4 of ? chapters read
Kitayume follows a routine of briefly introducing country-characters' historical backgrounds before situating them in comical and often ecchi interactions with other powers, ie. Lithuania as US's housekeeper, China as an emo drunk, Hungary as a fujoshi, Russia mistaking Canada for a couch, France (& Korea) hitting on everyone, etc.
This reviewer acknowledges that APH does, on occasion, wander across the fine line of political insensitivity, not only in its racial profiling, but also in the absence of historically incriminating subjects. In its defense, however, Hetalia is intended to be light political satire (or straight comedy), and darker themes would, in fact, undermine its purpose.
The scanlated manga (LJ, found here: http://nisecal.googlepages.com) consists of 4 chapters and a good number of side comics. Despite the initial description that APH concerns WWII, the storyline spans ancient history to present-day, and is mostly achronological. There is NO coherent plot, and only highly specific, free-standing references to historical events.
However, you will find personified nations (mostly male, hence the BL), GROPING EACH OTHER.
Crude, sometimes inconsistent, but stylish. New readers might have some difficulty distinguishing between countries (particularly Northern European), but all characters have physical idiosyncrasies (when in doubt, refer to their ahoges and pets) that facilitate their identification.
The horsepower behind Hetalia's appeal. All nation-characters personify the behavioral quirks (true or not) generally attached to its people: America is blindly heroic (and often obnoxious), Japan is a suicidal otaku, the UK has a terrible crush on the US (and a terrible grudge against France), China wears panda-print boxers, etc.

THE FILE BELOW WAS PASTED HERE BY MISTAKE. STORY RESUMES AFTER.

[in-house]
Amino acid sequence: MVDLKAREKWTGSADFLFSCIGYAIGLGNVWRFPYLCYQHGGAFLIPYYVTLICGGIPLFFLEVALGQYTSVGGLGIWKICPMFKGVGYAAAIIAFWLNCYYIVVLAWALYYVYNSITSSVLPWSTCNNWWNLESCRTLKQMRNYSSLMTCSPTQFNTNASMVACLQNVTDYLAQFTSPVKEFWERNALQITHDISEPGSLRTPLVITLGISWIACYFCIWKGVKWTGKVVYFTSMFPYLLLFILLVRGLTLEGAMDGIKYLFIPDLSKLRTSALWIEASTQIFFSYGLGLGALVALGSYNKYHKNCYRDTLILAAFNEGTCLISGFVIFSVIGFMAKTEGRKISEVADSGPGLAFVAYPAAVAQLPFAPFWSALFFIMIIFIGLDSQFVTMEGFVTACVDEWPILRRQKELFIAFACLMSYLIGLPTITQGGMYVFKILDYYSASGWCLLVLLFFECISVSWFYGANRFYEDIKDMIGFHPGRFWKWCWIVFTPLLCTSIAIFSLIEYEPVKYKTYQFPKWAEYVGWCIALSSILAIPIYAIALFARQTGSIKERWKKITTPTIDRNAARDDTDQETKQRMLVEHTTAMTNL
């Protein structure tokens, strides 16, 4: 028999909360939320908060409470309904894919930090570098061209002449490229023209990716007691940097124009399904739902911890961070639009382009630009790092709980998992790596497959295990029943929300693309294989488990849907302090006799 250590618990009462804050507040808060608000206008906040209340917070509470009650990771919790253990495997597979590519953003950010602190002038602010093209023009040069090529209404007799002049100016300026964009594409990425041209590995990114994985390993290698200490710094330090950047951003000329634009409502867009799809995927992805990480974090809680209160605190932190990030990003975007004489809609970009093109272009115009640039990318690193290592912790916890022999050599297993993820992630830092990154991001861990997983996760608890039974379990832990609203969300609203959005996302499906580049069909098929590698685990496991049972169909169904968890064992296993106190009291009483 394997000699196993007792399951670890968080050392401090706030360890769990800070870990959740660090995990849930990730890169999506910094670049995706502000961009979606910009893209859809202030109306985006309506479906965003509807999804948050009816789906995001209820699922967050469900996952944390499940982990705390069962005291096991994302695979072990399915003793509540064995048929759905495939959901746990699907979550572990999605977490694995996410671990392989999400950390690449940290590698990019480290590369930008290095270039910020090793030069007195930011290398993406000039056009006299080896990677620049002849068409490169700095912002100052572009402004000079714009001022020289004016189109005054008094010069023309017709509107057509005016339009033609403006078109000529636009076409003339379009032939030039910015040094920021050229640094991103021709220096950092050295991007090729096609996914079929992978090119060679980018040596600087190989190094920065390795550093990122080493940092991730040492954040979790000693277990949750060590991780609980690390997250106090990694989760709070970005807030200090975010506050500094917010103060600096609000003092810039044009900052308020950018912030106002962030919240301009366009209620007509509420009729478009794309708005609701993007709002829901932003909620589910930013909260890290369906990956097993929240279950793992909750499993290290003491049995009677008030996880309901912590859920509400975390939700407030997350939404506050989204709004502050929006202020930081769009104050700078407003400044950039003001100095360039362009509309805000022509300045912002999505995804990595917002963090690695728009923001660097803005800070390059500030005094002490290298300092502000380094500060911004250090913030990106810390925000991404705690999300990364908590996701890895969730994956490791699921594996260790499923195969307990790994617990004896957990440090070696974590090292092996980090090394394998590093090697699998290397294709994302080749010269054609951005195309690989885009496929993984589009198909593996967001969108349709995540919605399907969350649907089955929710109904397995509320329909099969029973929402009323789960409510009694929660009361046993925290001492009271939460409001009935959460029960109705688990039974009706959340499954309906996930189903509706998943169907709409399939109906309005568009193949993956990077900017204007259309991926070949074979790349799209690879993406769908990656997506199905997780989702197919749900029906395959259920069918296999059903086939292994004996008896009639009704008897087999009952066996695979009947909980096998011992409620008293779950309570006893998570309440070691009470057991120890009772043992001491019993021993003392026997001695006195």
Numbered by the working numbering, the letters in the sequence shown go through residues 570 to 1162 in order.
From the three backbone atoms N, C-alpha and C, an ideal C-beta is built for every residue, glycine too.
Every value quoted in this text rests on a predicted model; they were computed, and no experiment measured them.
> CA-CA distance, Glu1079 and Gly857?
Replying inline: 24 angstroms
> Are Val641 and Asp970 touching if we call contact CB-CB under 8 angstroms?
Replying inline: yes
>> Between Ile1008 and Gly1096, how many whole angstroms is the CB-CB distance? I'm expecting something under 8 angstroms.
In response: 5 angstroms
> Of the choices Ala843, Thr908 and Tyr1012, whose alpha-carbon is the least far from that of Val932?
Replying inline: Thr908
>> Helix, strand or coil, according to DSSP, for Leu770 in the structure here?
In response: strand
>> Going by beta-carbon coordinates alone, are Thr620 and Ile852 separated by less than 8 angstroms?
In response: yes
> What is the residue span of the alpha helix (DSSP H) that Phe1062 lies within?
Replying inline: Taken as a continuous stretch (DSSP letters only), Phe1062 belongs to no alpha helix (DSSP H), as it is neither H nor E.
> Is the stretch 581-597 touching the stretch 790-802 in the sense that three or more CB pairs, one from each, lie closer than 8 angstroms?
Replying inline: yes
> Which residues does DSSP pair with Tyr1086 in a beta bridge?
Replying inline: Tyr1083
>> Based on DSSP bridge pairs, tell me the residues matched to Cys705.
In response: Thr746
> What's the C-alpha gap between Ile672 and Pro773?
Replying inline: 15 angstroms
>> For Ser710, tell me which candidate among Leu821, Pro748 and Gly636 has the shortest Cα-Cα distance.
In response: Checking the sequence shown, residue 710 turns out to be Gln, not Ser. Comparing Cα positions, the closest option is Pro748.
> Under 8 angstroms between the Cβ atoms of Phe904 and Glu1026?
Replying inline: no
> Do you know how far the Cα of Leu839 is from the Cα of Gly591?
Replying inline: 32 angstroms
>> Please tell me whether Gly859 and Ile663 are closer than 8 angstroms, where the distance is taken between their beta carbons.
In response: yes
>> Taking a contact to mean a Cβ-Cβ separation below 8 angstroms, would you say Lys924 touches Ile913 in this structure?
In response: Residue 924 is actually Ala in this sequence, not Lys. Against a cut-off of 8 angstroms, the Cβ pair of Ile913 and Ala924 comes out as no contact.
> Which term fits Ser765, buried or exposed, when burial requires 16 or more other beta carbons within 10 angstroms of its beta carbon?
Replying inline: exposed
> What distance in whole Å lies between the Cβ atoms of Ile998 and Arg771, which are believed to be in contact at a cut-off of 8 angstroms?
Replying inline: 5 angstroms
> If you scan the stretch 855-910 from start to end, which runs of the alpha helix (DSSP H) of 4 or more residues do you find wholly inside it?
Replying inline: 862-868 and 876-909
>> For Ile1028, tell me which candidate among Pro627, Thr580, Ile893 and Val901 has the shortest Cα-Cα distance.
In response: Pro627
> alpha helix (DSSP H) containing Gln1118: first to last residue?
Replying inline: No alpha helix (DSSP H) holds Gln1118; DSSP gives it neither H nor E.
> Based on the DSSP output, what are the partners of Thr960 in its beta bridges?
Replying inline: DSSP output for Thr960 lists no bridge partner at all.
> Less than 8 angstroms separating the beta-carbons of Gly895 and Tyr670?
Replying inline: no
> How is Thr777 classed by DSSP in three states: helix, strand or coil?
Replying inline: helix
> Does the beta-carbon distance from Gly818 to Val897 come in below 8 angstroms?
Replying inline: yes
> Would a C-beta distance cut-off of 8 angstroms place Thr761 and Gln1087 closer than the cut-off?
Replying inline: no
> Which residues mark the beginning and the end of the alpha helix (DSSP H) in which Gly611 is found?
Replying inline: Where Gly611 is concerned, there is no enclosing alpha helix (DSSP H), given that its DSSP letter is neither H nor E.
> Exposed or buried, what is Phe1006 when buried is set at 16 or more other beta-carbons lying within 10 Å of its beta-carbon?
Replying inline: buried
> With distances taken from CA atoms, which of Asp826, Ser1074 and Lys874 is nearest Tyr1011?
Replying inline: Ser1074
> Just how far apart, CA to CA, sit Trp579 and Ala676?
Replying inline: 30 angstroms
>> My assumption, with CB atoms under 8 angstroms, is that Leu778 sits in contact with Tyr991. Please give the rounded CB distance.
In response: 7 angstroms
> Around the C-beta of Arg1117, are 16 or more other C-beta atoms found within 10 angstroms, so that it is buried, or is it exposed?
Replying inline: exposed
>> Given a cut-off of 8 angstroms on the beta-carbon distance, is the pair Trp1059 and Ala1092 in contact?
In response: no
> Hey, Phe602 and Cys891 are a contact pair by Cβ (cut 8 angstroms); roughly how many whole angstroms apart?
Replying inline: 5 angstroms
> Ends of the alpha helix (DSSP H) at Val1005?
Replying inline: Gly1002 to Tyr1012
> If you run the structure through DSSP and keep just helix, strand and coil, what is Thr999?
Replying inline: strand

And Russia. Armed with a bloody water-pipe and spontaneously-appearing vodka bottles. Stalking people. See for yourself.
Excellent as a daily dose of political incorrectness. The fanfiction/fanart potential for BL enthusiasts is also fantastic (and made all the more titillating by the fact that, yes, interactions between countries can, indeed, be yaoi-licious). read more
1 of 1 episodes seen
Makoto is renowned for his narrative simplicity and stylistic detail: the viewer should expect a gently-delivered and largely "unexciting" story (until the final quarter of the film). Die-hard action-adventure fans are advised to keep their distance. What battles and mecha are absent from Makoto's work are wonderfully compensated with perfect art. Makoto's colors are something else: brave, original, unpretentious, and strongly conducive to speechlessness. More so than in "Voices of a distant star" and "5 cm per second," music in "Promised Place" is of a more theatric, but equally unearthly quality. Art and score combined produce an intensely "otherworldly" aura.
The characters of "The Place Promised in Our Early Days" are rather stationary, and similar to those in Makoto's other productions, are young, quiet, wounded, idealistic, and marvellously uninteresting - a return to realism from the moe/angst-fest unfortunately common to mainstream anime. Above other merits, characters here (and elsewhere in Makoto's projects) are representative (without explicitly stating so) of good sense, human integrity, and beautiful resilience to losing love, being alone, and growing up. Recommended to all admirers of "introspection" and maturity in anime. read more